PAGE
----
Now I’m going to go and sleep. NaNoWriMo is tiring, people.

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6 Responses to Finishing NaNoWriMo

  1. Ruth says:

    I’ve been thinking of you throughout November so I’m so happy that you completed it and know how exhilarated/exhausted you must be feeling now! You’ve got so much dedication to get it done :) Sleep well and good luck for whatever you choose to do with it!

    • Mary says:

      Aww thanks! That’s so nice of you :-) Hopefully I should be able to do a quick revision of The Other Town and then upload it to a website where people can read it (if they dare!) – I’m putting it off for as long as possible, though! I hope writing up your Spanish adventures is going well :-)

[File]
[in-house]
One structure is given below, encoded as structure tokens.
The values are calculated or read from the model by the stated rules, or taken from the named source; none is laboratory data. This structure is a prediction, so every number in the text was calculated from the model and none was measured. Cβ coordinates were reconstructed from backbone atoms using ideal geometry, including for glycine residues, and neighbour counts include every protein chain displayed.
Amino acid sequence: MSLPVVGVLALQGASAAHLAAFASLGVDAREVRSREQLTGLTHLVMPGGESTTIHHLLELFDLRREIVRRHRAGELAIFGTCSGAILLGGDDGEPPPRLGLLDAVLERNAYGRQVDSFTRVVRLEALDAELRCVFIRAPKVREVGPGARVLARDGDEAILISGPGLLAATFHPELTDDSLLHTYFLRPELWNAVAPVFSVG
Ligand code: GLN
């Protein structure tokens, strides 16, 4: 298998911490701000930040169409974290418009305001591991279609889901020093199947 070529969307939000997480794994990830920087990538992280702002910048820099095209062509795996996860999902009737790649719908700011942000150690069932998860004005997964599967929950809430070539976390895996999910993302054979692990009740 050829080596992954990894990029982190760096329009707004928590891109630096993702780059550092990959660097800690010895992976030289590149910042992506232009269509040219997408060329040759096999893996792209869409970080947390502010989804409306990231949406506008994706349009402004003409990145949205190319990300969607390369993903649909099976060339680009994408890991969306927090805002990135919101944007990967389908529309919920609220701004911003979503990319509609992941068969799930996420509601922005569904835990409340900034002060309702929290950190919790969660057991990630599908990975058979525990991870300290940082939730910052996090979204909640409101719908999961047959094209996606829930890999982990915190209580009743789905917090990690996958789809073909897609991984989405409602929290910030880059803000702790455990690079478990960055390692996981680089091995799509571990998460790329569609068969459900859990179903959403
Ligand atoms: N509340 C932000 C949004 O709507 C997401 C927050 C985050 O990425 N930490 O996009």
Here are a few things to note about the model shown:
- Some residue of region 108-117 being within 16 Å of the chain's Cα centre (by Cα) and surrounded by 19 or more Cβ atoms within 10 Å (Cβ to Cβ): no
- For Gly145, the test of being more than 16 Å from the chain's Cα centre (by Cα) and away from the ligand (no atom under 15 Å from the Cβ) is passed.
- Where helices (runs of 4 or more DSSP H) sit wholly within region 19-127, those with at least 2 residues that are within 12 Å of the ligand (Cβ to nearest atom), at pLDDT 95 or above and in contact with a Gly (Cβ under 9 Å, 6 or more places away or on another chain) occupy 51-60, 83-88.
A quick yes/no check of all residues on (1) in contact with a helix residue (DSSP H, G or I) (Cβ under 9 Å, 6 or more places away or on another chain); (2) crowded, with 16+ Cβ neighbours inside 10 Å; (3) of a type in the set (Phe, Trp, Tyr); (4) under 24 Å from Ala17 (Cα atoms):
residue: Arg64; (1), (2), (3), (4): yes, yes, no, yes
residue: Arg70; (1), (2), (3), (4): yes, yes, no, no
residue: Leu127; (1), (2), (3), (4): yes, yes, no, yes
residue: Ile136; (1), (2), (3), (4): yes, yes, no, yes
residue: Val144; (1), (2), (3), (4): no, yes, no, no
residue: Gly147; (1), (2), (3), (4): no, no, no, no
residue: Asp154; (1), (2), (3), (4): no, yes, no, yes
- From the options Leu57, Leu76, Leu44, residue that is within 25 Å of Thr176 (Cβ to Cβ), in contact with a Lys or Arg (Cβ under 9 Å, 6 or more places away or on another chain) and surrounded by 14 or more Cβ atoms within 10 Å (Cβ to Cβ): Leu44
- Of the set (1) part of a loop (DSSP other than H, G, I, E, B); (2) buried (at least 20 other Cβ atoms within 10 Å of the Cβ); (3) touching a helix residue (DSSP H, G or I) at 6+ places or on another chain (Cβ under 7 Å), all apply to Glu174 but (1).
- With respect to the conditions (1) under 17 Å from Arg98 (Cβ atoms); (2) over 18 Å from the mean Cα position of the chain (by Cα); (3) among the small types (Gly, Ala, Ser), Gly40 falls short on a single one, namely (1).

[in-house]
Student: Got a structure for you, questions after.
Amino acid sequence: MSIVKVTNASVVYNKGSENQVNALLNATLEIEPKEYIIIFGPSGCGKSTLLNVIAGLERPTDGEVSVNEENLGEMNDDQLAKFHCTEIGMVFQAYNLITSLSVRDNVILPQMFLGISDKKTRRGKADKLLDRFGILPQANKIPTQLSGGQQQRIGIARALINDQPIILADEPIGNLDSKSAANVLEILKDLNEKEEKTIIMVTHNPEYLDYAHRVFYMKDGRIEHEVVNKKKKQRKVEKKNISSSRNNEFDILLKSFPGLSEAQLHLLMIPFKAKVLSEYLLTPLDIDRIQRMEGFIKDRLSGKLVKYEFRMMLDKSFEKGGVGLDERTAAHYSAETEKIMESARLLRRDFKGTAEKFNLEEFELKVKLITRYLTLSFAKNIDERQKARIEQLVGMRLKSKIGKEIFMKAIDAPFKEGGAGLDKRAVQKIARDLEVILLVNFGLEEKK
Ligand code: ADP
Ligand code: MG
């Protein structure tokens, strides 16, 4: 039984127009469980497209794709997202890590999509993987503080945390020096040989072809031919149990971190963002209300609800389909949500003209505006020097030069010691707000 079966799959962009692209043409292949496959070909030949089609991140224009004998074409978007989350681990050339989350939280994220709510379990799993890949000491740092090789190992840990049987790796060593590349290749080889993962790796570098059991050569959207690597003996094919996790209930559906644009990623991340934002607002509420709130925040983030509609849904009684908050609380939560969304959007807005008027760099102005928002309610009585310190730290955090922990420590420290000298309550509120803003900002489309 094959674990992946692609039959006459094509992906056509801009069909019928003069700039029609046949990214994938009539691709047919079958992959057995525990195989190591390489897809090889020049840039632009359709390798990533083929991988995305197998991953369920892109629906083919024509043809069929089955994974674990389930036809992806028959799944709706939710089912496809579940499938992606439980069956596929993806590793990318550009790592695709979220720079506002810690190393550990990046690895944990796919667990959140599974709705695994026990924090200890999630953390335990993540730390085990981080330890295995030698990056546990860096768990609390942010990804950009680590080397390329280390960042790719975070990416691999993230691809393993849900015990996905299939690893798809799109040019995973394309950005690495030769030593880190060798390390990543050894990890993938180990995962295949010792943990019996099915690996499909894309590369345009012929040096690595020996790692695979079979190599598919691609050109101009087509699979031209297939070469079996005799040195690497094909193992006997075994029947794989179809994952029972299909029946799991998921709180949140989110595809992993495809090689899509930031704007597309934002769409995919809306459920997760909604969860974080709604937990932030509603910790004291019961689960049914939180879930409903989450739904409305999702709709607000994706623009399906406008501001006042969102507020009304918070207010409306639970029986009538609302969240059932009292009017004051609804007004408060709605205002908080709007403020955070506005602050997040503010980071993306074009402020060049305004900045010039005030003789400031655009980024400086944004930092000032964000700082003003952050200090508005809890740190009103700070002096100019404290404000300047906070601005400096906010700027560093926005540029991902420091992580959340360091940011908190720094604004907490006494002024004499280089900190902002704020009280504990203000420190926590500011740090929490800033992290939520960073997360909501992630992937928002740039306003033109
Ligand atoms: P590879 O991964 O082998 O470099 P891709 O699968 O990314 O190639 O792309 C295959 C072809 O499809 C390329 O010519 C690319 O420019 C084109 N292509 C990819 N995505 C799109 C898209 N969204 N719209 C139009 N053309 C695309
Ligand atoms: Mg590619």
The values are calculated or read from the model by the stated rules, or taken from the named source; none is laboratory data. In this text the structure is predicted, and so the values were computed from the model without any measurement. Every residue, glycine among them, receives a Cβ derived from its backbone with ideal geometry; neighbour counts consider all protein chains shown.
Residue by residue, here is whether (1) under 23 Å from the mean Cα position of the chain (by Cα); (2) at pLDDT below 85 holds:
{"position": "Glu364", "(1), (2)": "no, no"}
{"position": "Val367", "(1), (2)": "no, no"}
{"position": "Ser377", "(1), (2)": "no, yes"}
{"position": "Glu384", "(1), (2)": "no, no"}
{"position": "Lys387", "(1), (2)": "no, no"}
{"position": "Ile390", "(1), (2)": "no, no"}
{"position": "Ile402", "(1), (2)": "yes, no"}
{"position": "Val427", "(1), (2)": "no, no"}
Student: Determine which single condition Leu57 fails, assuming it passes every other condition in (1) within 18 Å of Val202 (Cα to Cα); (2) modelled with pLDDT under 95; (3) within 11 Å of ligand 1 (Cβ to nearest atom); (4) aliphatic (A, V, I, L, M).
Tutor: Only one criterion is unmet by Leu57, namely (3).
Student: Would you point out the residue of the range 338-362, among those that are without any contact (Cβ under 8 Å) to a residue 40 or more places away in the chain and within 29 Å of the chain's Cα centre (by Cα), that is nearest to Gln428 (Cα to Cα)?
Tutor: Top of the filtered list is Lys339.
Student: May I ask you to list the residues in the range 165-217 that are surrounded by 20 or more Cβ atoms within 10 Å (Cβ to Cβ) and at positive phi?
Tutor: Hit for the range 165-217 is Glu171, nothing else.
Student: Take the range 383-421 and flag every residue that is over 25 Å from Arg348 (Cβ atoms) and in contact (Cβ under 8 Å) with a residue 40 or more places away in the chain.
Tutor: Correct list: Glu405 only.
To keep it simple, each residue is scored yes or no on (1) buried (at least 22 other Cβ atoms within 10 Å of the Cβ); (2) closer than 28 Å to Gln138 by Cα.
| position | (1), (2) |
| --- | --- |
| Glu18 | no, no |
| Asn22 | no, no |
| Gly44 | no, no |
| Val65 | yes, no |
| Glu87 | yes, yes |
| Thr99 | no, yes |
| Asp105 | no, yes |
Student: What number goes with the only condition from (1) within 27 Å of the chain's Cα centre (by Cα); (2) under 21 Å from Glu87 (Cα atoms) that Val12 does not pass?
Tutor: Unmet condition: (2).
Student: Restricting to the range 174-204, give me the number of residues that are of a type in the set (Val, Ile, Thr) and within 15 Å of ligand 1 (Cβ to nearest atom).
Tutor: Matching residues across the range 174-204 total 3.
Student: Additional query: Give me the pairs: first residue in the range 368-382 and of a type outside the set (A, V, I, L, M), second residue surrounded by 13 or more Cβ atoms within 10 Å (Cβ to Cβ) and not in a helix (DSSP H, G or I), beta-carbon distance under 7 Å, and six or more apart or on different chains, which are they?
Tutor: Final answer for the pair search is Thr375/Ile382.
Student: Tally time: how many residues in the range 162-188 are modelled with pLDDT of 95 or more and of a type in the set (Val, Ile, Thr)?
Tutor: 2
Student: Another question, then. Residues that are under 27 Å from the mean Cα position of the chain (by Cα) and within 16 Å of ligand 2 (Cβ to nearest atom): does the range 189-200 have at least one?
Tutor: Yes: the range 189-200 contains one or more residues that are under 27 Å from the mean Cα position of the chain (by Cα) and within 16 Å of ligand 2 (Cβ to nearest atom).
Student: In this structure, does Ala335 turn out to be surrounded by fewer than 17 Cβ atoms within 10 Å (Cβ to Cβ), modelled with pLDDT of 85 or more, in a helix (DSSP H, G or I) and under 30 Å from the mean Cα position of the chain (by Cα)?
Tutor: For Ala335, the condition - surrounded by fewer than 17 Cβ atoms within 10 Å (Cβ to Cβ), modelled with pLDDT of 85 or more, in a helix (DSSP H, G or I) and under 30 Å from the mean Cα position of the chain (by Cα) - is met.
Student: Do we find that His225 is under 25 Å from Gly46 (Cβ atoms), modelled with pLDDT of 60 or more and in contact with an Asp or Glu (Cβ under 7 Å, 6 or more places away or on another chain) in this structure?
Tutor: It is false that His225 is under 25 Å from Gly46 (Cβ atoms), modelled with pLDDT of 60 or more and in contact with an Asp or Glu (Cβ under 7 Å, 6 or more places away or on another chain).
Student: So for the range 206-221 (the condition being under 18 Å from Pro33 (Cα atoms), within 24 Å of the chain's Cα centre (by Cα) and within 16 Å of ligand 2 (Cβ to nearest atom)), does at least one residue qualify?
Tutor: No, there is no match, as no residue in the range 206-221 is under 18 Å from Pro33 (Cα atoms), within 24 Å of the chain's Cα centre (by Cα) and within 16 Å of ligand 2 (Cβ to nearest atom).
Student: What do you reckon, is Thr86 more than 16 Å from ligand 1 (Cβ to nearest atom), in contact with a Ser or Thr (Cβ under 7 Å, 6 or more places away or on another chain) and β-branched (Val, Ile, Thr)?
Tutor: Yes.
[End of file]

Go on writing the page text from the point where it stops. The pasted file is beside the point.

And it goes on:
• Ruth says:

        My blog is updated with Dawkins’ Spanish adventures. A short summary of mine should be coming soon :) I’d love to read the Other Town, even if in NaNoWrMo form.

  2. Ruth says:

    I forgot to say, CONGRATULATIONS!

  3. nevillegirl says:

    I can’t decide if NaNo is too long or too short, either. :P